While all parts of the organization contribute to profit in their own way, engineering's work has a surprisingly broad impact on the profit equation.

We all want to increase profits, but sometimes we get caught in the details and miss the big picture:
Profit = (Price – Cost) x Volume.
It’s a simple formula, but it provides a framework to focus on fundamentals. While all parts of the organization contribute to profit in their own way, engineering’s work has a surprisingly broad impact on the equation.

The market sets price, but engineering creates function, and improved function increases the price the market will pay. Design the product to do more, and do it better, and customers will pay more. What’s missing for engineering is an objective measure of what is good to the customer.

A robustness surrogate is a test rig and protocol that stand in for the customer. It’s like having an objective customer in the development process. When the product tests better on the robustness surrogate, the customer will like it and pay more. A good robustness surrogate breaks the product quickly, enabling engineers to learn and make improvements rapidly. The surrogate should also capture the physics of failure. In other words, the broken products in the lab should look like broken ones from the field.

Ask engineering to create robustness surrogates for important functionality and failure modes, and then ask them to design, break, and fix until they run out of time.

Product simplification is another important driver for price. A simpler product works better, since there are fewer things to break. More importantly, a simpler product requires less design work, which can reduce time to market. For engineering, what’s missing is the right feedback metric for product simplification.

Measure engineering on part count to improve product simplification. With a simpler design, engineering hours are concentrated on fewer parts, so the parts (and product) work better, and better function can support a higher price. With fewer parts, time to market is reduced, and the first to market commands a higher price.

Though traditionally thought of as manufacturing’s responsibility, engineering has the strongest impact on cost. Engineering designs in cost, so they should be the ones to design it out, and reducing part count is the best way to do it. Design out parts, and cost reduction follows naturally.

Ask engineering to create two Pareto charts for the product you make today: part count by part type and part count by subassembly. The big bars will show engineering where to focus their time when it’s time to design the next version of the product. The charts will also help them take an 80-20 approach to design, where 80 percent of the benefit is achieved through redesign of 20 percent of the product. The Paretos make it clear that there’s no need to boil the ocean: Focus on complexity.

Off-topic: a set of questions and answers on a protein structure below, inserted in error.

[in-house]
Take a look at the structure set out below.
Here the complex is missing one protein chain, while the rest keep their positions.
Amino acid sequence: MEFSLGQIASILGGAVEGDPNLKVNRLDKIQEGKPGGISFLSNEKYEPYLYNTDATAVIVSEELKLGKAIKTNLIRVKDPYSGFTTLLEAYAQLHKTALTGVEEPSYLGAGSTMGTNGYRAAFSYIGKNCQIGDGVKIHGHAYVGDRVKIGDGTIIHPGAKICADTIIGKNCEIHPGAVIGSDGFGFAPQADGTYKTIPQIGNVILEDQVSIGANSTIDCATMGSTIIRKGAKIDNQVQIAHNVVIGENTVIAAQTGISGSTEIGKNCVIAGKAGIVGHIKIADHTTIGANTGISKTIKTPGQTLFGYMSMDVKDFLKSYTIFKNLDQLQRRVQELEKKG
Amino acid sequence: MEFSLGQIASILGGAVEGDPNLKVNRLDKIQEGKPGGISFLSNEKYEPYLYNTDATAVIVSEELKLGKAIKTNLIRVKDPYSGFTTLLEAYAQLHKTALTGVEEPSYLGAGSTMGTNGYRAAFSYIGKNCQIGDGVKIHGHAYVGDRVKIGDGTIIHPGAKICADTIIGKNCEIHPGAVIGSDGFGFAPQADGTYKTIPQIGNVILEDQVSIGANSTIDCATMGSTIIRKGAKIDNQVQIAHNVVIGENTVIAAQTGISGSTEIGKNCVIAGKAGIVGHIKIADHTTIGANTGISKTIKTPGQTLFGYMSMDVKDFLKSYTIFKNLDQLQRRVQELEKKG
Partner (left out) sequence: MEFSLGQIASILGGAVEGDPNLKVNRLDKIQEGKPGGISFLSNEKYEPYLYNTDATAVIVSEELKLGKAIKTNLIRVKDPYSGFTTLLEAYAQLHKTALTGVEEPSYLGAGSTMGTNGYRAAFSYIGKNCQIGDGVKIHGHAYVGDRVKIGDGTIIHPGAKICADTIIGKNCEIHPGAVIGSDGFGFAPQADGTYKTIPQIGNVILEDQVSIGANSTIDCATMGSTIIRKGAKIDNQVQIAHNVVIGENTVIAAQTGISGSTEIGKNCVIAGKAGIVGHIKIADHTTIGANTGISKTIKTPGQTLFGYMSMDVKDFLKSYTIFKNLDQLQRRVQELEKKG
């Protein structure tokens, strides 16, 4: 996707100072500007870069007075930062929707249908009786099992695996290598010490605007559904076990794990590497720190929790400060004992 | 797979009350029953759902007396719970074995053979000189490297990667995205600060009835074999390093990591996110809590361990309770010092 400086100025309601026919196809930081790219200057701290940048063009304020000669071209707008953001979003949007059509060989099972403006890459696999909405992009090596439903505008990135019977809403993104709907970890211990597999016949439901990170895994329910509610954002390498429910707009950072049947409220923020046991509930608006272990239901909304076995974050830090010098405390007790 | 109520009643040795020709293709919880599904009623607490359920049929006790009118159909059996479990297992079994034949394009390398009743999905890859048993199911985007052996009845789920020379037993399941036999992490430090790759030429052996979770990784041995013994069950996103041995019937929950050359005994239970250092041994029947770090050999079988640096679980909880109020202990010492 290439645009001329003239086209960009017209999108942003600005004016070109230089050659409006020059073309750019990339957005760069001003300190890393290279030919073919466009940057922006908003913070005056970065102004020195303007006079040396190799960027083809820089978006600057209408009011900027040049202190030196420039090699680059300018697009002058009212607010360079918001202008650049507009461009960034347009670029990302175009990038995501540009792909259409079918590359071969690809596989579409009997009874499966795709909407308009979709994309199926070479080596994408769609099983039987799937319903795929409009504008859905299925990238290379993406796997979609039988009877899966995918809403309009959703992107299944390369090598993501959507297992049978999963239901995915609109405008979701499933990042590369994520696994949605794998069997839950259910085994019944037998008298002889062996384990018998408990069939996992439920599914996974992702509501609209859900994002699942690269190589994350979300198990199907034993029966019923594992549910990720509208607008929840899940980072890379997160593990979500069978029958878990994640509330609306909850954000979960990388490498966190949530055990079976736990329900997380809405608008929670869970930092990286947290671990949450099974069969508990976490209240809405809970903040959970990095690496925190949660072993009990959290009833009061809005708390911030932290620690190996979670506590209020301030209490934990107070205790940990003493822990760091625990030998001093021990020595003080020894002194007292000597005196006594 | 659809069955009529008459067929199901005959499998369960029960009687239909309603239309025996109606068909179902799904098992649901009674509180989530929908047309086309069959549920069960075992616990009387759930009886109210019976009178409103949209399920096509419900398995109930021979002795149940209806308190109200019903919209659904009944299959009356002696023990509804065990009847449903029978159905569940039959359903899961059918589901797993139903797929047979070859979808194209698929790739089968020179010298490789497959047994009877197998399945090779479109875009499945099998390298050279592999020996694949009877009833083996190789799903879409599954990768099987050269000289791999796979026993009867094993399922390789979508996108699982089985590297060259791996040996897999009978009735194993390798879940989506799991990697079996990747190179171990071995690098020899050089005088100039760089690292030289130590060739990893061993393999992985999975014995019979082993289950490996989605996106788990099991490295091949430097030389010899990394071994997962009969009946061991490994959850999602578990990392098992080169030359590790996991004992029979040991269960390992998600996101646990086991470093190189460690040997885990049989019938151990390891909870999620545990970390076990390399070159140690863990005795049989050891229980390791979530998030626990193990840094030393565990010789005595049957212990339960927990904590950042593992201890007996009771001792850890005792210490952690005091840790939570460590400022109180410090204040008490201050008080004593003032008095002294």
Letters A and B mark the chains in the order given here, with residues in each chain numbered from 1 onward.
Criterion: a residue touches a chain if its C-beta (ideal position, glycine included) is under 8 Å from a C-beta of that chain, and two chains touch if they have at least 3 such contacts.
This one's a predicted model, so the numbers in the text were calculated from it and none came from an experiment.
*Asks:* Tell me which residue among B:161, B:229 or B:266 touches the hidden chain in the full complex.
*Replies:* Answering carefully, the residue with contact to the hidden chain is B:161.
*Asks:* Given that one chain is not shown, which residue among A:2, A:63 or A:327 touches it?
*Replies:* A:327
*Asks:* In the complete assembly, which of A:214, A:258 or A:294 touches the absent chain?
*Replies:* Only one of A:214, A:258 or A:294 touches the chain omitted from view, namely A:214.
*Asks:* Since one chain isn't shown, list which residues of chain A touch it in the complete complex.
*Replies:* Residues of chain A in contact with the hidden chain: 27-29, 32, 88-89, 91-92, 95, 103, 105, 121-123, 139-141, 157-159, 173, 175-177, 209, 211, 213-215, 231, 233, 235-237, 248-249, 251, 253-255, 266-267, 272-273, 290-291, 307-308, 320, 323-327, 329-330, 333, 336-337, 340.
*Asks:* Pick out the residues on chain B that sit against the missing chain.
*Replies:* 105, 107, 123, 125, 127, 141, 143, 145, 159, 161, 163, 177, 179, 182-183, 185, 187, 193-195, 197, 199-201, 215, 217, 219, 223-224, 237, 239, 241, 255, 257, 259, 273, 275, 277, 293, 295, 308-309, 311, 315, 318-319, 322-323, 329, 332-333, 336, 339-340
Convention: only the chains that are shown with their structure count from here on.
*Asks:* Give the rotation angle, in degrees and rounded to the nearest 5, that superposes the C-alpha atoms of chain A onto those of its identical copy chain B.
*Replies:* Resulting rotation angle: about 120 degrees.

The side benefits of product simplification are reduced floor space, improved rolled throughput yield, and 50 percent reduction in material cost.

Like price, robustness surrogates and product simplification generate volume, but there’s a twist. Big volumes are usually generated by big customers that buy repeatedly, and those customers want to know what they get before they sign the contract.

Ask engineering to test the competitor’s products on the robustness surrogates. The direct A-B testing creates repeatable, objective, data-driven measures of goodness for your current product, your new product, and your competitors’ products. The data is grounded and repeatable, since the test protocols are well-defined.

With data-driven sales tools, the sales team hits the streets with clear, simple A-B charts that show how your product outperforms everything on the planet. And for the nonbelievers, the sales team can offer a trip to the factory to watch a rerun of the testing. Big customers like this and buy more.

While it’s often unclear to engineering how broadly they influence the profit equation, with some education they will understand, and when they do, watch out for skyrocketing profits.

Author’s note: This column is in memory of Don Clausing, author of Total Quality Development (ASME Press, 1994), co-author of the seminal paper The House of Quality (Harvard Business Review, May 1988), and recipient of the prestigious Taguchi Award, who taught me to think this way.

Editor’s note: Mike Shipulski is a leading authority on lean manufacturing, product development, and design for manufacturing and assembly. His column appears every other month, alternating with Austin Weber’s “On Campus.” E-mail Mike with comments via mike@shipulski.com or follow his blog at www.shipulski.com.